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Retirees: How to Prevent the CRA From Taxing Your OAS and CPP Pension!

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Retirees must be aware that under Canada’s tax laws, the country’s lead tax agency can tax the Old Age Security (OAS) and Canada Pension Plan (CPP). While both are guaranteed lifetime incomes of seniors, they aren’t tax-free. The Canada Revenue Agency (CRA) will treat your pension payments as taxable income.

Pension taxation

Most Canadian retirees will rely on the OAS and CPP to fund their retirement. As such, any tax bite on either pension will reduce the benefit amount, which is worrying. The maximum OAS benefit is $615.37 (January to March 2021), although usually, it’s net of any pension recovery tax in the year that you receive it.

For the CPP, the maximum monthly amount is $1,203.75 (as of October 2020), yet most users will receive $689.17 per month, on average. Tax deductions on your CPP are not automatic. You can sign in to your My Service Canada account or complete the request for voluntary Federal Income tax Deductions form.

If there’s no request for monthly tax deductions, you may have to pay your income tax every quarter. Many retirees worry about outliving their retirement fund such that taxes become thorns. However, there’s a proven and effective solution to minimize your tax payables during tax seasons.

Create non-taxable income

The Tax-Free Savings Account (TFSA) is popular among Canadians because it clips the CRA’s power to collect taxes. By law, all interest, earnings, gains or dividends in a TFSA are tax-free. Withdrawals, regardless of the amount, are also tax exempt. Furthermore, withdrawals have no impact whatsoever on your OAS and CPP payments.

By creating non-taxable income through a TFSA, retirees can save big on taxes. Canada’s tax system is progressive, which means taxes are higher for high-income earners, depending on the federal income tax brackets. Thus, if your annual income in 2020 is $58,436 and $10,000 is TFSA income, the tax rate is only 15%, not 20.5% if taxable income is between $48,536 and $97,069.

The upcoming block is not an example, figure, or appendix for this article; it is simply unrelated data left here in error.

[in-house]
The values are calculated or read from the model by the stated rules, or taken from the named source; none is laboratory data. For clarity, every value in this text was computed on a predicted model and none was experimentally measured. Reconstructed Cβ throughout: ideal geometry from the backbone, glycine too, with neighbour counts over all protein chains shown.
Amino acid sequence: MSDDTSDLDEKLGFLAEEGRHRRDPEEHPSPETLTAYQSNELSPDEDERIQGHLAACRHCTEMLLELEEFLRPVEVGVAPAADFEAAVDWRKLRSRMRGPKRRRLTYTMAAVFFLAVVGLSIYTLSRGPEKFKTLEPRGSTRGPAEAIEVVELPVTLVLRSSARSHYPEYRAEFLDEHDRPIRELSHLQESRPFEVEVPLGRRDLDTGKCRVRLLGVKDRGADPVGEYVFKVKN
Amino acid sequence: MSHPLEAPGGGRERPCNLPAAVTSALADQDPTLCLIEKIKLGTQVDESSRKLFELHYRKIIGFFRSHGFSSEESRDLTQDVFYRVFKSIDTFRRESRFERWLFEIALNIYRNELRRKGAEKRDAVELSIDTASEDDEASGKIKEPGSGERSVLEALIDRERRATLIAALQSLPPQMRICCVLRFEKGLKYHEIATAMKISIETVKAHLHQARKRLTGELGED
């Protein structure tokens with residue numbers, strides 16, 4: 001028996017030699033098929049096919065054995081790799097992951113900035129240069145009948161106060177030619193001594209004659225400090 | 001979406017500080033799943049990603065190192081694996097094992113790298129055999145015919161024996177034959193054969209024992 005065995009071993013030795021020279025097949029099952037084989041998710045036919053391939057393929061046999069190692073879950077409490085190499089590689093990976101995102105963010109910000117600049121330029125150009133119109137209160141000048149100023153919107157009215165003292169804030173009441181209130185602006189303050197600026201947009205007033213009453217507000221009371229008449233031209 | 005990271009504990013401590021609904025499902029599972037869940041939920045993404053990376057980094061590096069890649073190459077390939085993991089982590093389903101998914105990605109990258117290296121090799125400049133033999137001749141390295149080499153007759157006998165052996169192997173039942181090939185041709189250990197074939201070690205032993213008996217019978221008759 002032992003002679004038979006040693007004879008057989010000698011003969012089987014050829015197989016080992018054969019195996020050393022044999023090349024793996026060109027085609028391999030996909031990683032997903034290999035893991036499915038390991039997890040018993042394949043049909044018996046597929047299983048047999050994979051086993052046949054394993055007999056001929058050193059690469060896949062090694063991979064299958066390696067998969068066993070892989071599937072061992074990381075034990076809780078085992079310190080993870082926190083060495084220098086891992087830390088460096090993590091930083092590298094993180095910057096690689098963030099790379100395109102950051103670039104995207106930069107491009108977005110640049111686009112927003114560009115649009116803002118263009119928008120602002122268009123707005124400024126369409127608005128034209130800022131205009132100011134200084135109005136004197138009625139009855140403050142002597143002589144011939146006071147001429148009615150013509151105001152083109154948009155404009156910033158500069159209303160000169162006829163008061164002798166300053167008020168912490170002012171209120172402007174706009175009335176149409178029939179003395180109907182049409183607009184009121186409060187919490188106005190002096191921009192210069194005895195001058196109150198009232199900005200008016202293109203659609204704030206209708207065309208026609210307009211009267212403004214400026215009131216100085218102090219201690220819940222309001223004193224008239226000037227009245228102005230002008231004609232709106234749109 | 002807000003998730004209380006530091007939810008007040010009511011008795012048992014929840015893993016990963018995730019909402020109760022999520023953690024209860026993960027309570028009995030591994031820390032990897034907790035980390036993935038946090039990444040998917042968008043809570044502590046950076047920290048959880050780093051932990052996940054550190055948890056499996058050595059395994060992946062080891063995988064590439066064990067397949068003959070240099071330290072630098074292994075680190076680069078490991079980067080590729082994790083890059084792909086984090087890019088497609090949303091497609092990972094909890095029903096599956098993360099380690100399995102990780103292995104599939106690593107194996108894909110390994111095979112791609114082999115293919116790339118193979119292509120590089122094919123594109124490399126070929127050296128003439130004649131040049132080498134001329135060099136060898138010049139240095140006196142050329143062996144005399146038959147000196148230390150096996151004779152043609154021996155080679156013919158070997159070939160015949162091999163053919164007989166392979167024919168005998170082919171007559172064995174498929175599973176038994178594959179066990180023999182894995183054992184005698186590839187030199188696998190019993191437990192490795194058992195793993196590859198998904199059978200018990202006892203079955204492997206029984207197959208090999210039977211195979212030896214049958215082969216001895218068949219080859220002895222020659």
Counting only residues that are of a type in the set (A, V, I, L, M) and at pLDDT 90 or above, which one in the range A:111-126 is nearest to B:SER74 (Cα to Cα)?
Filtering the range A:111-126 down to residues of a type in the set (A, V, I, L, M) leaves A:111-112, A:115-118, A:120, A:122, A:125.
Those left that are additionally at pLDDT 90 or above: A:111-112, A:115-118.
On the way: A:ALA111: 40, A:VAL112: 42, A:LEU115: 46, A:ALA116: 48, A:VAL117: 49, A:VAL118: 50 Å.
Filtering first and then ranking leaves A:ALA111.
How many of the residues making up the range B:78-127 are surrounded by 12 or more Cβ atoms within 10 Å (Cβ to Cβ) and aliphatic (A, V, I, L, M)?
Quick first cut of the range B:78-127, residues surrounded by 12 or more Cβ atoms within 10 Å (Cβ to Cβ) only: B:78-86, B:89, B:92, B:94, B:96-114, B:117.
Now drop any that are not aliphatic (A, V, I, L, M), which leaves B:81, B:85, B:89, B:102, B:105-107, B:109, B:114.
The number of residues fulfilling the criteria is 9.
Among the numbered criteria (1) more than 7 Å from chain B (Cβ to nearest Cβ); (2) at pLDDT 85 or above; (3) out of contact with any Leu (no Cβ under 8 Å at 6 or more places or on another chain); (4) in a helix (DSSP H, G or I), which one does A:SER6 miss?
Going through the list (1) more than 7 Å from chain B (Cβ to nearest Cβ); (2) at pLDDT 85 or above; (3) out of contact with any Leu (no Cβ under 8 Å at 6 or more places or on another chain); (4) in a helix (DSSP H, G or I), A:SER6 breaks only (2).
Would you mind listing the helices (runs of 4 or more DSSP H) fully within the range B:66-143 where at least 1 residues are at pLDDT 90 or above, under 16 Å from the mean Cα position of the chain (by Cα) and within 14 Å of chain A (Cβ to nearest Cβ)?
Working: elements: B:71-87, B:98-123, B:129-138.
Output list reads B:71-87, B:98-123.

Top TFSA holding

Assuming you haven’t opened a TFSA and have been eligible since 2009, your available contribution room in 2021 is $75,500. The potential tax-free income from a dividend king like Keyera (TSX:KEY) is $5,526.60. The energy stock pays a high 7.32% dividend, so it’s the best fit for your TFSA.

Despite the massive headwinds from the oil price slump and the global pandemic, it didn’t severely affect Keyera’s core business. This $5.79 billion energy infrastructure company plays a vital role in Canada’s oil and gas midstream industry. The average oil price in 2020 was $41.29 per barrel, but the IMF forecast it to rise by 20% to $50 per barrel this year.

One notable trait of Keyera’s business is its sensitivity to volumes, not so much on the oil price. Meanwhile, demand for natural gas is rebounding to all-time highs. The share price is lower by 20% compared to a year ago, so it should be a good entry point.

No love lost

The CRA will forever hound Canadians earning pensions or retirement incomes. There’s no love lost between both, although retirees can reduce the tax bite by creating non-taxable income. A new tax season is coming, so another bout with the taxman is at hand.

Speaking of how retirees can prevent CRA from taxing the OAS and CPP...

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This article represents the opinion of the writer, who may disagree with the “official” recommendation position of a Motley Fool premium service or advisor. We’re Motley! Questioning an investing thesis — even one of our own — helps us all think critically about investing and make decisions that help us become smarter, happier, and richer, so we sometimes publish articles that may not be in line with recommendations, rankings or other content.

Fool contributor Christopher Liew has no position in any of the stocks mentioned. The Motley Fool recommends KEYERA CORP.

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